RH Amar – French’s & Frank’s

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Stocks are a key part of the kitchen. They give depth, richness and taste to many savoury dishes and are one of the most important assets chefs have at their disposal.

The French word for stock is ‘fond’ meaning foundation, a true testament to just how important these flavoured liquids are to good cooking. But in today’s busy kitchens producing stocks and sauces
from scratch can be both time consuming and cost-prohibitive, making it an unrealistic choice for most.

Ready-made stocks, gravies and sauces provide caterers with confidence and peace of mind that their dishes will always shine, as well as saving them lots of time. “The reality is that ready-made stocks and
sauces are commonplace in today’s kitchens; they are quick and easy to use and provide chefs with peace of mind they’ll deliver a consistent quality every time,” comments Susan Gregory, head of food at Nestlé Professional. “There’s a cost implication to consider too. Generally speaking, pre-prepared products tend to be significantly cheaper than scratch made.”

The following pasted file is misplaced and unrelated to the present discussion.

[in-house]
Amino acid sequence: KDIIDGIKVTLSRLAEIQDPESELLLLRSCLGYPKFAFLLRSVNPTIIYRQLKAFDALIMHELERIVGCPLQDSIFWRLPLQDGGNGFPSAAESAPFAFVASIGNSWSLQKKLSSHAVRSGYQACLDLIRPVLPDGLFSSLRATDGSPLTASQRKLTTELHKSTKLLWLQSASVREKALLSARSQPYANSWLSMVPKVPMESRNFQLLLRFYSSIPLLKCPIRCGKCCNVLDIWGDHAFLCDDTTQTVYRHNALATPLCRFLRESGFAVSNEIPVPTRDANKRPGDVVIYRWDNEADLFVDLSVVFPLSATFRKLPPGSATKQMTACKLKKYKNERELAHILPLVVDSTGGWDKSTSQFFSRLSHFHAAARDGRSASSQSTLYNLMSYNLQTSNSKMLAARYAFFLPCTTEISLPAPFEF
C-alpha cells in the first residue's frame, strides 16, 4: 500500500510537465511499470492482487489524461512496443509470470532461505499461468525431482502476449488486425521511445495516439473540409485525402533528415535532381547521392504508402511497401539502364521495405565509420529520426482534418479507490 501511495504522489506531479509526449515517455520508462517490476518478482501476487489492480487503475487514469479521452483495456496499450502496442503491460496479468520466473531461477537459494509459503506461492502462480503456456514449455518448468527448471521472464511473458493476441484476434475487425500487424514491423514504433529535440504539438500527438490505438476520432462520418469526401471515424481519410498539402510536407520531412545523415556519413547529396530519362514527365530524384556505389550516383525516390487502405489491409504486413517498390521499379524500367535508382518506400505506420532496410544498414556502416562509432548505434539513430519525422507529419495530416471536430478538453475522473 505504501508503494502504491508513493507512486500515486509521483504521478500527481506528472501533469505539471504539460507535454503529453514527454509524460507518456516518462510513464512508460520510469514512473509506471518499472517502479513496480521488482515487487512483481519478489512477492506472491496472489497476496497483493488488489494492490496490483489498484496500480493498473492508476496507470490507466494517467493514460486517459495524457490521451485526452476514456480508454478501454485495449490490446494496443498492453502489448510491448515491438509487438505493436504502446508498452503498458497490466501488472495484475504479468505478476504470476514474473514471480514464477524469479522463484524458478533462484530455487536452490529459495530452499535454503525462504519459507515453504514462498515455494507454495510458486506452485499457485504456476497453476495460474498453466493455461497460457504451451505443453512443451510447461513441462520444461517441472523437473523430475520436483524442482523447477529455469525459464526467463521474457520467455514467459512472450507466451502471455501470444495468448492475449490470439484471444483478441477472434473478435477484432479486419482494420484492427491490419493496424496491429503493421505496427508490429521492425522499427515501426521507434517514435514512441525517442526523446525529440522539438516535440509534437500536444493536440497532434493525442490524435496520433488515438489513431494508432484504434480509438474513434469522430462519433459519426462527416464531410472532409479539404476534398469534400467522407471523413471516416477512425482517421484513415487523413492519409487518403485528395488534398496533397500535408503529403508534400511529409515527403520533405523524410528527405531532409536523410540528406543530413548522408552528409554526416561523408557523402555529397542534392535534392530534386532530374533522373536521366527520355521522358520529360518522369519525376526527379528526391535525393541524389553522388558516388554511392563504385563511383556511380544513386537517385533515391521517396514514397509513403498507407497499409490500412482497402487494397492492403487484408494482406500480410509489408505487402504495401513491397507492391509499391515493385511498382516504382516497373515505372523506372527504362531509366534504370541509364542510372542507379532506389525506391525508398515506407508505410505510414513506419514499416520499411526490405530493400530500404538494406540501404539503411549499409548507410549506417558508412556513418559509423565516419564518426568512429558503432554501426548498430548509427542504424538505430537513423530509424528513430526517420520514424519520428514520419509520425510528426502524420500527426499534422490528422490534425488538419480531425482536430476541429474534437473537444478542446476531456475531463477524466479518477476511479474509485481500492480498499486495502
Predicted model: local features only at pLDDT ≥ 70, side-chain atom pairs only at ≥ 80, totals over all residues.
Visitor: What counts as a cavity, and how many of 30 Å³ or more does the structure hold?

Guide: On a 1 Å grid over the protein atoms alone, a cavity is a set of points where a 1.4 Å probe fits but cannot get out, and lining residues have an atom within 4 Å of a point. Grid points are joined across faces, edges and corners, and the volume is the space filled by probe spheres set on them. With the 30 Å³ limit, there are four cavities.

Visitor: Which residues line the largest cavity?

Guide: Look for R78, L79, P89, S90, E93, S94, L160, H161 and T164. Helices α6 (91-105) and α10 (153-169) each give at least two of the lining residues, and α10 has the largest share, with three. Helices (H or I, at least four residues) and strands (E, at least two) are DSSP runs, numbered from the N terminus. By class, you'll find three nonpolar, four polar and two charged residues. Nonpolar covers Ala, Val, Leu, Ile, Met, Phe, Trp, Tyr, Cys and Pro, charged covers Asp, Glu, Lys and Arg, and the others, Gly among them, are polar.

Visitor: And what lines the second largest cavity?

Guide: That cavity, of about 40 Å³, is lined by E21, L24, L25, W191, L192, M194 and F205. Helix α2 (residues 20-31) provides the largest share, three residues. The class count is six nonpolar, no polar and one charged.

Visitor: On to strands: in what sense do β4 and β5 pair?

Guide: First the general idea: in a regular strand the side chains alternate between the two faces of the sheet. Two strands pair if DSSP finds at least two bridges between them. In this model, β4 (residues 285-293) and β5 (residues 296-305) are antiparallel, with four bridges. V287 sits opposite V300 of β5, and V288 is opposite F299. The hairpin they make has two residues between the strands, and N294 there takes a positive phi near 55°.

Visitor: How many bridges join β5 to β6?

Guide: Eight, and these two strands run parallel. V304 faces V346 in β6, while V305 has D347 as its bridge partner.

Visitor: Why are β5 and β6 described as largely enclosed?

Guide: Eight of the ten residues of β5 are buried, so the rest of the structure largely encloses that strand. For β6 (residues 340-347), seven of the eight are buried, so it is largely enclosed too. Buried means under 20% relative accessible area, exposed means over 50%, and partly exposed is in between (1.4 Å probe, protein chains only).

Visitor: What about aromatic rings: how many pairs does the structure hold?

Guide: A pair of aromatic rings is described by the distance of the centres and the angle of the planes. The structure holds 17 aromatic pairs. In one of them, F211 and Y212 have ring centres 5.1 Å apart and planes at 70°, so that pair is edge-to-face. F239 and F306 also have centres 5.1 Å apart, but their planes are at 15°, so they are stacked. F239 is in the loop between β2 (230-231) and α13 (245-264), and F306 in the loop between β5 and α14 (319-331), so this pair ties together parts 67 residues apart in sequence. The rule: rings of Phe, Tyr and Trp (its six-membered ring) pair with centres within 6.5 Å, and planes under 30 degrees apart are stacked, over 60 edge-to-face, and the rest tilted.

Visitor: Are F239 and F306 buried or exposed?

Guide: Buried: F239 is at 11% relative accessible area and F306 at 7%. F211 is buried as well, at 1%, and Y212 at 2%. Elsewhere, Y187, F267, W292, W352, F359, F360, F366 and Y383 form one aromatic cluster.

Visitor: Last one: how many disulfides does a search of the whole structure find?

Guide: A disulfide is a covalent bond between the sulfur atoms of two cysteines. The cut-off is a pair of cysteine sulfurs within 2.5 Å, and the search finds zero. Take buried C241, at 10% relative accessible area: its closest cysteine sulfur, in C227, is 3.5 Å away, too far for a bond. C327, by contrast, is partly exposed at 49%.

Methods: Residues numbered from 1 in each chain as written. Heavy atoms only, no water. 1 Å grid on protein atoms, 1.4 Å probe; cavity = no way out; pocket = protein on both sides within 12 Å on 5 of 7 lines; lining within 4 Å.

The benefits

Stocks and sauces can be used as a base for your own creations within almost any current food trend.

What is a stock?

Building blocks of the kitchen, traditional stocks are liquids formed by extracting flavours, nutrients and salts during the cooking process from bones, vegetables and herbs. Clear in appearance, classic stocks have a delicate flavour and are clear of grease. Typical stocks include meat stock such as white beef stock, brown beef stock and chicken stock together with vegetable stock and fish stock.

Go natural

CHEF 100% Natural Fonds are made from bones, vegetables and herbs. With a high bones per litre content, the stocks help chefs achieve the same quality and consistency every time, ensuring that each signature dish is never compromised.

Growing market

Mintel has noted that stocks are far more popular now. Whether made properly from bones or from jellies, pastes or powders, stocks have seen a 51% market increase in the past five years and 10% in the past year alone. The result has been a massive decline in the gravy market. Says Mintel Analyst Alex Beckett, “stocks have benefited from an increase in variety of formats such as jelly and liquid, as well as a robust interest from scratch cooking.”

Types of stock

  • White stock
  • Brown Stock
  • Fish Stock
  • Vegetable Stock
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